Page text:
The SilentDrive Acoustic Enclosure from QuietPC costs Â£28.20 and is designed to reduce the noise from a hard disk by encasing it in a sound proof case. The plastic outer shell contains a lining of sound absorbing material and the two tight fitting aluminium plates conduct heat away from the drive. A foam backed end cap provides almost complete enclosure apart from the small openings for the power and IDE cable. Quiet PC claims that the SilentDrive can be safely used with most 3.5in 7200rpm or lower hard drives, provided the resultant temperature doesnâ€™t exceed the maximum specified by the manufacturer.
As a precautionary measure, QuietPC can also supply you with a temperature-sensitive sticker to determine the maximum running temperature of your hard drive. Alternatively, if your hard disk supports this feature, a free program called DTemp can be downloaded that will display the drive temperature in your Windows system tray.
Because the enclosure is designed to fit into a 5.25in drive bay, I had to move the hard drive from its original position up to a free 5.25in bay near the top of the case, two spaces below the CD-RW drive. With the drive taken care of, I decided my next task should be to fit the 17 piece Acoustic Materials Kit.
By lining the internal walls with a special composite material, the kit not only reduces high frequency airborne noise from the PC devices themselves but also lower frequency vibrational noise that is often amplified through the case panels. Acoustic foam blocks can also be inserted into the unused drive bays for added noise absorption.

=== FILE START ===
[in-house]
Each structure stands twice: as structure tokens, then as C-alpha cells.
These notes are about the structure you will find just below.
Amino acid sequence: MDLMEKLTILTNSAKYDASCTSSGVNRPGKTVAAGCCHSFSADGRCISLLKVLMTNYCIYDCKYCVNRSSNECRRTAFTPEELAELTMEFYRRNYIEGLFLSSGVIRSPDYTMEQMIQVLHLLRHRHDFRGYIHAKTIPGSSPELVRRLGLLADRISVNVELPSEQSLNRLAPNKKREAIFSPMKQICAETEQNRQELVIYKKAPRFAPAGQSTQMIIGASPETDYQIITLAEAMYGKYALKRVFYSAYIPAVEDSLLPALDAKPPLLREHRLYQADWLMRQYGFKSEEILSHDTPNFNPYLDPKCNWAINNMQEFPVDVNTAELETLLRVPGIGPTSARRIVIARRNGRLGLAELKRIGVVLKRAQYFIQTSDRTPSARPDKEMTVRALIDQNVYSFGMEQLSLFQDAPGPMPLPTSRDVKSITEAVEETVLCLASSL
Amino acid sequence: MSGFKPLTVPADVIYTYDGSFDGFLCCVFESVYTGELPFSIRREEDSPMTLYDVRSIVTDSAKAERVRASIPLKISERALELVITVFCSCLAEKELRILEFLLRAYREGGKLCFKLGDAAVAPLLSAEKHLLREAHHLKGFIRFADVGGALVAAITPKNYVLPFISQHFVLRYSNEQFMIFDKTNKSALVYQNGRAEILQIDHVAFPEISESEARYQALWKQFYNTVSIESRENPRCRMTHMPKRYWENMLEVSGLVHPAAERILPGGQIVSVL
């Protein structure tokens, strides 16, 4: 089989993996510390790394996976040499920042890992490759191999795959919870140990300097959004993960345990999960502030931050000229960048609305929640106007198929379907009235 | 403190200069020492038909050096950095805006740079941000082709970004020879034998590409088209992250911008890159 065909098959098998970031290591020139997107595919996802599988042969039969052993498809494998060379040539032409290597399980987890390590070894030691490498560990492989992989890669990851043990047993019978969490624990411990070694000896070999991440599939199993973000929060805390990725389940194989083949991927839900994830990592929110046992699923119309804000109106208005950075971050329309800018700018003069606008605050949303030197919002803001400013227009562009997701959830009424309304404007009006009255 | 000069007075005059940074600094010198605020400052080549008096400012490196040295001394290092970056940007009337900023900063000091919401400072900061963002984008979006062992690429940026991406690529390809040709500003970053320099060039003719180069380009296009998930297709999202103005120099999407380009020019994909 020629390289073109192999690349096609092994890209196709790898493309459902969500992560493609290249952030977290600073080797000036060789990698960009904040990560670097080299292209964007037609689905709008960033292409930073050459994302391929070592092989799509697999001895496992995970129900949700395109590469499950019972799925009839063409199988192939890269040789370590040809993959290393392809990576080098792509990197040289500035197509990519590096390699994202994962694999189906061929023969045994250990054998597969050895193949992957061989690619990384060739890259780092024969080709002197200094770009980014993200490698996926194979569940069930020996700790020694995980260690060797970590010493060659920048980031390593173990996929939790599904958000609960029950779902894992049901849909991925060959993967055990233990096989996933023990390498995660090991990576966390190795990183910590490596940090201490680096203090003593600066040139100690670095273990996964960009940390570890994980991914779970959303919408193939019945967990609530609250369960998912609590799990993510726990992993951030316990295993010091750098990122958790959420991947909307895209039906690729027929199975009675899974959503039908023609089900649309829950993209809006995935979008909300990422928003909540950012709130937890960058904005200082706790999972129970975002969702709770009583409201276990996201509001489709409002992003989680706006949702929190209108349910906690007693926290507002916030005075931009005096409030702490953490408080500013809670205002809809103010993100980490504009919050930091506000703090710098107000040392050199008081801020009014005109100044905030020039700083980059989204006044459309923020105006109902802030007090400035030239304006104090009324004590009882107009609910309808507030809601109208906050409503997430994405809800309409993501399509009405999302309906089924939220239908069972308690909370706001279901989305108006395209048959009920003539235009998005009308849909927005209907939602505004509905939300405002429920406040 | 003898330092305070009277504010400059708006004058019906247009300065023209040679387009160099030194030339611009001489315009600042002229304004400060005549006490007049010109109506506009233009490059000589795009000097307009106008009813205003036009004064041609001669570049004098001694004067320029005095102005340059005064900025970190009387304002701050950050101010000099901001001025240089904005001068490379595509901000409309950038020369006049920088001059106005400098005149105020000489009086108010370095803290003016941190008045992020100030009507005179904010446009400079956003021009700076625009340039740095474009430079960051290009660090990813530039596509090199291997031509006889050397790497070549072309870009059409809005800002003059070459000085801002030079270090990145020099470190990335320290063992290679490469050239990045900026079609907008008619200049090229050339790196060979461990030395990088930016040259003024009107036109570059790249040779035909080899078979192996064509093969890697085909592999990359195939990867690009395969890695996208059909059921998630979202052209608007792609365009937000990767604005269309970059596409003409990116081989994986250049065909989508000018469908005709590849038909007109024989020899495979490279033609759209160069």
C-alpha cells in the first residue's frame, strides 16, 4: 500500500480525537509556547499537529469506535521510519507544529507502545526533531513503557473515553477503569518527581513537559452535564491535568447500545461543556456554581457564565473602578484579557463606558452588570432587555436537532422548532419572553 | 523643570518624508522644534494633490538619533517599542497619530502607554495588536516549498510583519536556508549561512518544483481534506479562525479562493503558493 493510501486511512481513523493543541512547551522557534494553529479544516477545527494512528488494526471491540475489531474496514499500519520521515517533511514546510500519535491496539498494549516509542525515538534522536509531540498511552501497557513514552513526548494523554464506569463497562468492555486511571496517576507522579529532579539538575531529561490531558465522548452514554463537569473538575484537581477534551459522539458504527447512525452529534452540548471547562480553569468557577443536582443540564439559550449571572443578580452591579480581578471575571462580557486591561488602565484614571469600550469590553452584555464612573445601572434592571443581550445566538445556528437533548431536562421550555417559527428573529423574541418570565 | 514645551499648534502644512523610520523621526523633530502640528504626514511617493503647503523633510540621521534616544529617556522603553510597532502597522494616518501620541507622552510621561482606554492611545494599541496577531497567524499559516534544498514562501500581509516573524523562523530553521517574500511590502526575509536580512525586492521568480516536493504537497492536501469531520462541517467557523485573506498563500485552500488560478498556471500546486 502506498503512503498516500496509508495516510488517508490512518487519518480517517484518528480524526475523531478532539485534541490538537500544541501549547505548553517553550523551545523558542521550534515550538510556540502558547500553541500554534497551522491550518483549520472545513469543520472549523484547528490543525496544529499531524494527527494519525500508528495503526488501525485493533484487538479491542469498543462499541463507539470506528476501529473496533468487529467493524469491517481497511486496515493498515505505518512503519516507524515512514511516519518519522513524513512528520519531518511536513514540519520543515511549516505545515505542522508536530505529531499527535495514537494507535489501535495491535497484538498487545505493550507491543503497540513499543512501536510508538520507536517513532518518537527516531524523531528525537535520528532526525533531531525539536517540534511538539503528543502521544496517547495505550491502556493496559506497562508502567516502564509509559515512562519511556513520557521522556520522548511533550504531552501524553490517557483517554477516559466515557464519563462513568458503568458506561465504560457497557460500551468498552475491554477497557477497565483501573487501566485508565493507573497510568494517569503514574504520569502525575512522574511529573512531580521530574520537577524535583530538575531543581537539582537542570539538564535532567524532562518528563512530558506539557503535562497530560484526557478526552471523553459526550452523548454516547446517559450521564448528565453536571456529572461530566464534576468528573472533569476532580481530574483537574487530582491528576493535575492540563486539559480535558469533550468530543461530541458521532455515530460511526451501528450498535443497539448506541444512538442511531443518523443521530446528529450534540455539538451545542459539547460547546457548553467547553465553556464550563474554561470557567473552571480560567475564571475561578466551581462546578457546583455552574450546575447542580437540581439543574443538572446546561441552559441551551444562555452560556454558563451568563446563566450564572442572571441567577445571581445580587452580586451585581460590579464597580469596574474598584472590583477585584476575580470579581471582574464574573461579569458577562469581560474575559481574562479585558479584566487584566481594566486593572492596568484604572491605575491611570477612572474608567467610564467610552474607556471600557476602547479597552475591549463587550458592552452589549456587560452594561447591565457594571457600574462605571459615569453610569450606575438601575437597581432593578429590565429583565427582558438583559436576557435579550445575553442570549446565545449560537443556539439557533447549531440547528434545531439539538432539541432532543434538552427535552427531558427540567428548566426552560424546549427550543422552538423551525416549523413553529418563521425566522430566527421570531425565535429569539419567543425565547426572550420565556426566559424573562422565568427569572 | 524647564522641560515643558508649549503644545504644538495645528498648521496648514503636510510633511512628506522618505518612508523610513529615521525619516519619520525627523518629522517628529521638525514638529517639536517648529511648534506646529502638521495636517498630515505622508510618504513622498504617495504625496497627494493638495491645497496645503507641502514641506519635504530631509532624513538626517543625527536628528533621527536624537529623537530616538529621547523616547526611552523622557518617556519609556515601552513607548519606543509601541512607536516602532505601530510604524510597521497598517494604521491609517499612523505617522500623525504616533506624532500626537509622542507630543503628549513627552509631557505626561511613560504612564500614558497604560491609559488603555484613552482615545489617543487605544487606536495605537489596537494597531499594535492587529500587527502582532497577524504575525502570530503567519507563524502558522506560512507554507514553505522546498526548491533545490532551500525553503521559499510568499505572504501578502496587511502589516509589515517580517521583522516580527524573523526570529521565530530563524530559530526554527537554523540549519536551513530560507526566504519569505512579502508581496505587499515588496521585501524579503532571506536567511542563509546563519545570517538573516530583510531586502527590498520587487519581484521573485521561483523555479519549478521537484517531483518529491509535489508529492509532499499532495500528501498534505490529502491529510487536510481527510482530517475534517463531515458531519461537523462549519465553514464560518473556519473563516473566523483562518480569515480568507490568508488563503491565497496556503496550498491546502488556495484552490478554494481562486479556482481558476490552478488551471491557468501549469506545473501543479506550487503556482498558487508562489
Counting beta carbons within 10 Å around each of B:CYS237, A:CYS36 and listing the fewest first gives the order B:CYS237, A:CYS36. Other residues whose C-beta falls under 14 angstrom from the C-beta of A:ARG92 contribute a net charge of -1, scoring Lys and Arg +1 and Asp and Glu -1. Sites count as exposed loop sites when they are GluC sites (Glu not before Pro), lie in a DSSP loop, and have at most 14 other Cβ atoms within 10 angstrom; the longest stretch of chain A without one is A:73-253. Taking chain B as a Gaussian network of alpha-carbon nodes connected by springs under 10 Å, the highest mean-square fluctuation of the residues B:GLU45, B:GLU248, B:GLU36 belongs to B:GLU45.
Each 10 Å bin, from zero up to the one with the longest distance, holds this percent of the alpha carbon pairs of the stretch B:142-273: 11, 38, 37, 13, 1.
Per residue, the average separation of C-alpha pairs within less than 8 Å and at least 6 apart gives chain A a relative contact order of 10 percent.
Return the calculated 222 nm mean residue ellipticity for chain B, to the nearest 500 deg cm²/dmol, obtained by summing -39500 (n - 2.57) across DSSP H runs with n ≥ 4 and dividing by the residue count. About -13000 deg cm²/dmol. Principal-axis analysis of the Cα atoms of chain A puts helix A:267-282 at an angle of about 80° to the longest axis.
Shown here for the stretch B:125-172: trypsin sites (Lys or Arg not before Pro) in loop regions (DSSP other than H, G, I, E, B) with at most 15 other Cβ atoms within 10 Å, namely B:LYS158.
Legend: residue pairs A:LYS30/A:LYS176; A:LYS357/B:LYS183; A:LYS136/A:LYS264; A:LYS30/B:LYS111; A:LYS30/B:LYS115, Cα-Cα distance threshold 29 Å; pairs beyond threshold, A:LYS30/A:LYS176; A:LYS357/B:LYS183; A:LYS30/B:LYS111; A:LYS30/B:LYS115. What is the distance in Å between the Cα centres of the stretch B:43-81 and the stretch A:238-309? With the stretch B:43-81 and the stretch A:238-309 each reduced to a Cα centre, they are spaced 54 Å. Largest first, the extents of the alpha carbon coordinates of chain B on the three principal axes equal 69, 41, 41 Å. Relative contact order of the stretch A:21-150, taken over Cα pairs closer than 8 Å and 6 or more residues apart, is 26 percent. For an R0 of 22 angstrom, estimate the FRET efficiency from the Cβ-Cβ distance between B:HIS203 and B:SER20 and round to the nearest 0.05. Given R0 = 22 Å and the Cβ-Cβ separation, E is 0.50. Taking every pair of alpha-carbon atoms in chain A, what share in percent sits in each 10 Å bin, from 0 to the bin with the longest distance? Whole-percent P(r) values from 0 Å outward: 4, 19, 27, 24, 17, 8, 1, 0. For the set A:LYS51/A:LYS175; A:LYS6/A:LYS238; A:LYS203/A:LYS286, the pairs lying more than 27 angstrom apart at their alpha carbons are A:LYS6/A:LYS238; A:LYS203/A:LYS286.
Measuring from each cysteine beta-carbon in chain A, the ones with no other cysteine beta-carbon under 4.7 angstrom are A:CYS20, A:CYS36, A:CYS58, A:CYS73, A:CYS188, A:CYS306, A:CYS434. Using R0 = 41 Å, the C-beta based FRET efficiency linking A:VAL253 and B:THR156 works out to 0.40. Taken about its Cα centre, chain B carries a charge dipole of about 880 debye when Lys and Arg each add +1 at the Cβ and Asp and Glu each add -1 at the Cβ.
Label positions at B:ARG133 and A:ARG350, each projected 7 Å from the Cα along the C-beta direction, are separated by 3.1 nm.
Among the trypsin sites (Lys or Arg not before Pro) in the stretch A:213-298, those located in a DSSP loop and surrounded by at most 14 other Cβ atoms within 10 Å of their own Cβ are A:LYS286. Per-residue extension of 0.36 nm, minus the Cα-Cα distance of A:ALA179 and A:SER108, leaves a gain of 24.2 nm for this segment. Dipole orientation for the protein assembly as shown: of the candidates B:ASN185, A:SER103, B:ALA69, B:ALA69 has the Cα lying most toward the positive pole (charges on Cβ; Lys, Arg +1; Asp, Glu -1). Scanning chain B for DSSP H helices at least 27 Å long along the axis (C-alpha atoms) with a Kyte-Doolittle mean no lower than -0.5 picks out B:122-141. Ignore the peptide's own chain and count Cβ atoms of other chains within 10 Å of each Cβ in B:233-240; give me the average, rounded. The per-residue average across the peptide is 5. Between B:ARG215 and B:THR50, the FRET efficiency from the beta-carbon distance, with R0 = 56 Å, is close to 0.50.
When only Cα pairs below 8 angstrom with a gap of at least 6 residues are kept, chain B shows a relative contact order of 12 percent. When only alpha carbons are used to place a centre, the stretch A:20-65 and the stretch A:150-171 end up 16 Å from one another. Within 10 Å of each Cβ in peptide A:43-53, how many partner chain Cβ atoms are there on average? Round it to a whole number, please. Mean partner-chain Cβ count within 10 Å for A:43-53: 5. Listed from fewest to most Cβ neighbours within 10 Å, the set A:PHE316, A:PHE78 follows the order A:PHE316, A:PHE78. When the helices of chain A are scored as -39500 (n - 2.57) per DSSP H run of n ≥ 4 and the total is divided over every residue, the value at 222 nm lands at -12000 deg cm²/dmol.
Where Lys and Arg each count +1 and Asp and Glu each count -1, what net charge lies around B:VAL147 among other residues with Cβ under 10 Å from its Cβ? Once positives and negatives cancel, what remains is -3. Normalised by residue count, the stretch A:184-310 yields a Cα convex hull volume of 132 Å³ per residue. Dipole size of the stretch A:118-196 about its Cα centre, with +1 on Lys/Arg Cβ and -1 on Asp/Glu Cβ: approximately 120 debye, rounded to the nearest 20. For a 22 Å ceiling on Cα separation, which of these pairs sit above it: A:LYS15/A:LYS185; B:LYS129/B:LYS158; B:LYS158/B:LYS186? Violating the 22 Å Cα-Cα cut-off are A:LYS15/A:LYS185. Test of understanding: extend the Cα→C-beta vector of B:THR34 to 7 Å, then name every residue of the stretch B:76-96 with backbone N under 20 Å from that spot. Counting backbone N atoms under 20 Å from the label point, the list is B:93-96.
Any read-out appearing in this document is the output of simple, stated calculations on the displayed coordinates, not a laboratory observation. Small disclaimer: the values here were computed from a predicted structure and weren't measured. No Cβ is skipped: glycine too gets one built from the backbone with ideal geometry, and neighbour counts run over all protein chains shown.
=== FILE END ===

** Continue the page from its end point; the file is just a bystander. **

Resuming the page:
The adhesive-backed case linings can be quite tricky to fit into some of the tight spaces so itâ€™s probably best to do so with a completely empty case. Even if you do make a mistake, itâ€™s relatively easy to peal off and try again. Although our kit came supplied with the C6607 case, similar kits starting from Â£28.20 can be purchased separately from QuietPC, which can then be cut to fit your own particular brand of case.
So what was the upshot of all our hard work? Well, compared to the initial set-up the measured noise levels were now up to 13dB(A) lower, which is a substantial reduction in noise by anybodyâ€™s standards. Plus the hard disk was barely audible when seeking thanks to the SilentDrive enclosure, although the noise from the two case fans was still clearly perceptible. A quick check of the BIOS revealed the system temperature was still fairly low at only 29 degrees C.
There was also no worry of a hard disk failure. After copying 1GB of data between different Windows folders, the DTemp utility reported a maximum temperature of 40 degrees inside the enclosure, which was well below the 55 degree operating limit of our 5400rpm Maxtor drive.